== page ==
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U.S. Military Boosts European Presence in Light of 'Aggressive Russia'

Philip Breedlove

The United States will boost its military presence in Eastern Europe early next year in an attempt to reassure allies that feel threatened by an “aggressive Russia,” the U.S. military said in a statement Wednesday.

The build-up will see the deployment of an additional armored army brigade on a rotational basis, bringing the total number of fully manned army brigades continuously present on the continent to three, the U.S. European Command said.

The increased rotation, which will begin next February, is a response to “an aggressive Russia in Eastern Europe and elsewhere,” General Philip Breedlove, the top U.S. commander in Europe, said in a statement.

When the new armored brigade arrives on a nine-month rotation early next year, its troops, tanks and other military gear will be positioned along NATO's eastern borders — in Estonia, Latvia, Lithuania, Poland, Romania and Bulgaria — to conduct exercises, the U.S. European Command said.

The Pentagon intends the plan as a demonstration of “our strong and balanced approach to reassuring our NATO allies and partners,” Breedlove said.

“This means our allies and partners will see more capability — they will see a more frequent presence of an armored brigade with more modernized equipment in their countries,” he said. A U.S. army brigade typically has about 4,500 troops.

The reinforcement arriving early next year will bring its own advanced military equipment. The older equipment that is currently used by U.S. forces in Europe will remain on the continent.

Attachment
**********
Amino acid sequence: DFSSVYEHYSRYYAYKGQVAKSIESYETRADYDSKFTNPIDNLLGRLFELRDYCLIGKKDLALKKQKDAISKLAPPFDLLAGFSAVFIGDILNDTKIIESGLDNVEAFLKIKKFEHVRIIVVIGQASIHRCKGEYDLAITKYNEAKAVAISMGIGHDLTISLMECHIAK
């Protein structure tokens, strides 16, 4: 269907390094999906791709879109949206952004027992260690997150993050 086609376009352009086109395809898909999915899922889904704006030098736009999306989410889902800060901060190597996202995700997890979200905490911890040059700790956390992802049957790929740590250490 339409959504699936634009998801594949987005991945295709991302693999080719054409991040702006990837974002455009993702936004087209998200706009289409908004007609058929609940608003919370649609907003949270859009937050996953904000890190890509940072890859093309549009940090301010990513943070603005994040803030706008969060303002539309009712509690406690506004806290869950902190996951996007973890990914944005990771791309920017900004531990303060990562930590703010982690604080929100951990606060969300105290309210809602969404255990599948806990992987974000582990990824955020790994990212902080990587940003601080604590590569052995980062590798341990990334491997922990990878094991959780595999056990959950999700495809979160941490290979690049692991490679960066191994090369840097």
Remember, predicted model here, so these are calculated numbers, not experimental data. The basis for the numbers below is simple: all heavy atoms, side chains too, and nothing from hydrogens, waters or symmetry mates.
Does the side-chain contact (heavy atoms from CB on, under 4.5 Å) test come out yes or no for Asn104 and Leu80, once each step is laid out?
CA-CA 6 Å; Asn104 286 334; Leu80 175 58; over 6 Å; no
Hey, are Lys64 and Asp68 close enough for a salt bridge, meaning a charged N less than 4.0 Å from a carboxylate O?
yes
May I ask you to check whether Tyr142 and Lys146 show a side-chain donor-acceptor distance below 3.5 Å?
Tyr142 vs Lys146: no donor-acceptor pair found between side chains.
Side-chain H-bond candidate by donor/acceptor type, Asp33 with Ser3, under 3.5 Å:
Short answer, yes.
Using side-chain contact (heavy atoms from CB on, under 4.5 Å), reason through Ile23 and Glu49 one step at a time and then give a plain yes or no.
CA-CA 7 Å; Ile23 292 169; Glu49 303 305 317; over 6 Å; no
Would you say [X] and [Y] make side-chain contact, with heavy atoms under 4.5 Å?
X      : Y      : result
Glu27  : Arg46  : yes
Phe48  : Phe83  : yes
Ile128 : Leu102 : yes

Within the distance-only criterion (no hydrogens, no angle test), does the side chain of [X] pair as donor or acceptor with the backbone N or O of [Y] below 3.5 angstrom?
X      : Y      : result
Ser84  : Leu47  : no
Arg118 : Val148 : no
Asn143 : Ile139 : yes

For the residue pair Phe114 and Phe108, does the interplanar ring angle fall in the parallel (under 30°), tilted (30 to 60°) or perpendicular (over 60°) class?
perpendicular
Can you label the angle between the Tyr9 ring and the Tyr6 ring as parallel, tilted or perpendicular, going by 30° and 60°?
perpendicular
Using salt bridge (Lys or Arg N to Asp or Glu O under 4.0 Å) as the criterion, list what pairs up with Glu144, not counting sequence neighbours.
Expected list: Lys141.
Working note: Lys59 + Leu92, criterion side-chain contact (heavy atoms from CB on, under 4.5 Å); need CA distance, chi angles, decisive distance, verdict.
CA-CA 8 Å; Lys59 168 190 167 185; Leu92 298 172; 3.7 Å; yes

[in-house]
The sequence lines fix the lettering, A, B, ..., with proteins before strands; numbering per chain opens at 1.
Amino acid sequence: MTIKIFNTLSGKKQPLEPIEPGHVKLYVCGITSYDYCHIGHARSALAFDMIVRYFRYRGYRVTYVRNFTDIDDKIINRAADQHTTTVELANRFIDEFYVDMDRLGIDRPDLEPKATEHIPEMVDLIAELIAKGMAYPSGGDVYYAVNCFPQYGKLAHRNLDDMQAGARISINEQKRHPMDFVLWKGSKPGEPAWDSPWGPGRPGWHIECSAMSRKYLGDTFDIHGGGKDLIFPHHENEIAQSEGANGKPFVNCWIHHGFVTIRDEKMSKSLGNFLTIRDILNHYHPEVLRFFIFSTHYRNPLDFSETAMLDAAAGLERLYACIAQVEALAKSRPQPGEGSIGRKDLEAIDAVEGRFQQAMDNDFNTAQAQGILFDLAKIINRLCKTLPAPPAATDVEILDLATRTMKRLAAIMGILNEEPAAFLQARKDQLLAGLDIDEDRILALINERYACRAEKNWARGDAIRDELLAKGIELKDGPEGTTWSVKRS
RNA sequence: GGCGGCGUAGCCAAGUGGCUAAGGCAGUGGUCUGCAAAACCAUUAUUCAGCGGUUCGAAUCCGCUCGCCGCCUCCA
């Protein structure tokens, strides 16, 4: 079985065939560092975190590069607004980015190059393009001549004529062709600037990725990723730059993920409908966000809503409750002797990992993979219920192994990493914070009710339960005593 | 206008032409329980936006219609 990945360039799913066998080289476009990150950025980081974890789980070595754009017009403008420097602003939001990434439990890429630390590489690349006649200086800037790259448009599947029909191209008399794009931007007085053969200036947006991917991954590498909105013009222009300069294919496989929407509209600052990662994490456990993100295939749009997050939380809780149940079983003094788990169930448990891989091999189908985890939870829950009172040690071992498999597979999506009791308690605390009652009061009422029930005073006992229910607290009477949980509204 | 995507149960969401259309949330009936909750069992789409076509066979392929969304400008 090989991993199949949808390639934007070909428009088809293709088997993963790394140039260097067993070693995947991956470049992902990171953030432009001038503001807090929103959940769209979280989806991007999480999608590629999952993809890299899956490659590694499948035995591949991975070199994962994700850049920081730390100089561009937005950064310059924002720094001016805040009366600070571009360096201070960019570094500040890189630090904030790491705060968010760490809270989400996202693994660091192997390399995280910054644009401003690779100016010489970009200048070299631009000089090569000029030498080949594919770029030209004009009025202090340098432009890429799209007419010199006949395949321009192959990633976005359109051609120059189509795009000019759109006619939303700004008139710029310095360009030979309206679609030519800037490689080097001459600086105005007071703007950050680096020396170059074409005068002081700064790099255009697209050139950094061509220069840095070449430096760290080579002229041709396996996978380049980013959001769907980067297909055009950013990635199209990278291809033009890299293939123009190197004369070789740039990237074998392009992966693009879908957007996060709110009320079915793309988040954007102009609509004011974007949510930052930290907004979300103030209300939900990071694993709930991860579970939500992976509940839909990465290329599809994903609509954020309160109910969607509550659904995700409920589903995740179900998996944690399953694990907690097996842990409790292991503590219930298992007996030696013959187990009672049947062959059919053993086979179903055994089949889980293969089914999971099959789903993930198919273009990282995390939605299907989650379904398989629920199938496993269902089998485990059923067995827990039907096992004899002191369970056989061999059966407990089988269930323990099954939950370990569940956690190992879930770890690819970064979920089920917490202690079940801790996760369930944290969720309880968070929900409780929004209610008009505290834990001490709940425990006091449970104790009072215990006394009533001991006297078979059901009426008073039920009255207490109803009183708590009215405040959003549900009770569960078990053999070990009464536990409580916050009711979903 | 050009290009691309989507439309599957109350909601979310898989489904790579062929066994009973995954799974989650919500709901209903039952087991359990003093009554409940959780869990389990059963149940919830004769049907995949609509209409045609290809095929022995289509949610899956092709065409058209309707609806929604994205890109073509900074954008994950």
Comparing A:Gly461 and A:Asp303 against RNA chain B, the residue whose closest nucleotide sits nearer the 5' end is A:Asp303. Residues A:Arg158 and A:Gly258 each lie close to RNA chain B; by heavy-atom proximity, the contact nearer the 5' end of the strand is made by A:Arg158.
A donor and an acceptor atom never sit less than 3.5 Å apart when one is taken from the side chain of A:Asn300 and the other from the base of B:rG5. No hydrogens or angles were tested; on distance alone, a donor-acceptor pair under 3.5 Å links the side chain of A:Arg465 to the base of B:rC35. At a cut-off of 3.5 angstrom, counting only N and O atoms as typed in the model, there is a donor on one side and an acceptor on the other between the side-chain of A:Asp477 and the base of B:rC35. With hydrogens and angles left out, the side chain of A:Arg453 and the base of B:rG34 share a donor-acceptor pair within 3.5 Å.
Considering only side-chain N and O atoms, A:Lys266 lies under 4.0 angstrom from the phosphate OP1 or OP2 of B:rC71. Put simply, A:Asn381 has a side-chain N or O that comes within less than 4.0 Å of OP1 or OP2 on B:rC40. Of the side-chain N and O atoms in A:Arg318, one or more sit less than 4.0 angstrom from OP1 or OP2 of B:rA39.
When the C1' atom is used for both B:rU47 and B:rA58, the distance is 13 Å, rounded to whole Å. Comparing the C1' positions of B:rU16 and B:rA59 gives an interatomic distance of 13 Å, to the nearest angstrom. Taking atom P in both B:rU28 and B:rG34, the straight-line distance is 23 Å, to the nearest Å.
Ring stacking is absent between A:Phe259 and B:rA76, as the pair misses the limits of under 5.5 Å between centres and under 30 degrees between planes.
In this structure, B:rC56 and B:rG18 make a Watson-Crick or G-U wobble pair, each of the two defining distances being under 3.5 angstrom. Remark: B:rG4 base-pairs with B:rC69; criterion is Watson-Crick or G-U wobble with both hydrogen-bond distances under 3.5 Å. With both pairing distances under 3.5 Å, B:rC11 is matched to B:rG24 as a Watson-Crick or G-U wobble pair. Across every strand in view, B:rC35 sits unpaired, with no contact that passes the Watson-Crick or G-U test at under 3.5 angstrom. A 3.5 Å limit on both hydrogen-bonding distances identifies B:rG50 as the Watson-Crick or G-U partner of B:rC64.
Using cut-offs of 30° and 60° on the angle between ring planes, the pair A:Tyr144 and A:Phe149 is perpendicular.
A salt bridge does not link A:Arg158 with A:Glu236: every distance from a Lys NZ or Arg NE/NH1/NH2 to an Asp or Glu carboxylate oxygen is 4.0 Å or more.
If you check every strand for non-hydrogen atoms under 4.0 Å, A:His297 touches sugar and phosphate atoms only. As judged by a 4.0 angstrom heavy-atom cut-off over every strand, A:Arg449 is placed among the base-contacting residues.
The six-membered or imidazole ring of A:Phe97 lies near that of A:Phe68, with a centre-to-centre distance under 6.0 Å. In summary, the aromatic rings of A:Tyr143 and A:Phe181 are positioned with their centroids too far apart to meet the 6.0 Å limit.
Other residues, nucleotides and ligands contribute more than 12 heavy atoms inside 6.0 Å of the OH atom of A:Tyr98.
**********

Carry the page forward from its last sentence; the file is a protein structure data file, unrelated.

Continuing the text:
Gear that typically accompanies a full armored brigade comprises 12,000 pieces of equipment, including 250 tanks, Bradley Fighting Vehicles and self-propelled Howitzers, in addition to about 1,750 support vehicles, according to Department of Defense data.

Together with the troops and material already in Europe, “there will be a division’s worth of stuff to fight if something happen,” U.S. Deputy Secretary of Defense Robert Work told The Wall Street Journal.

NATO allies near Russian borders have been voicing increasing concerns for their security ever since Moscow annexed Crimea from Ukraine in 2014. Russia's showcasing of its bomber planes and missile strikes in Syria, which began in September 2015, did little to assuage fears.

NATO allies in Europe have urged the Western defense alliance to boost its military presence in their countries.

Earlier this year, U.S. Defense Secretary Ash Carter unveiled the Pentagon's plans to quadruple funding for U.S. military operations in Europe next year — bringing spending for European defense to $3.4 billion for the 2017 fiscal year.

The United States has about 62,000 military personnel and soldiers permanently stationed in Europe, and an additional 4,200 troops have been rotating since 2014.

At the height of the Cold War, the number U.S. forces stationed on the continent reached more than 500,000, according to military figures.

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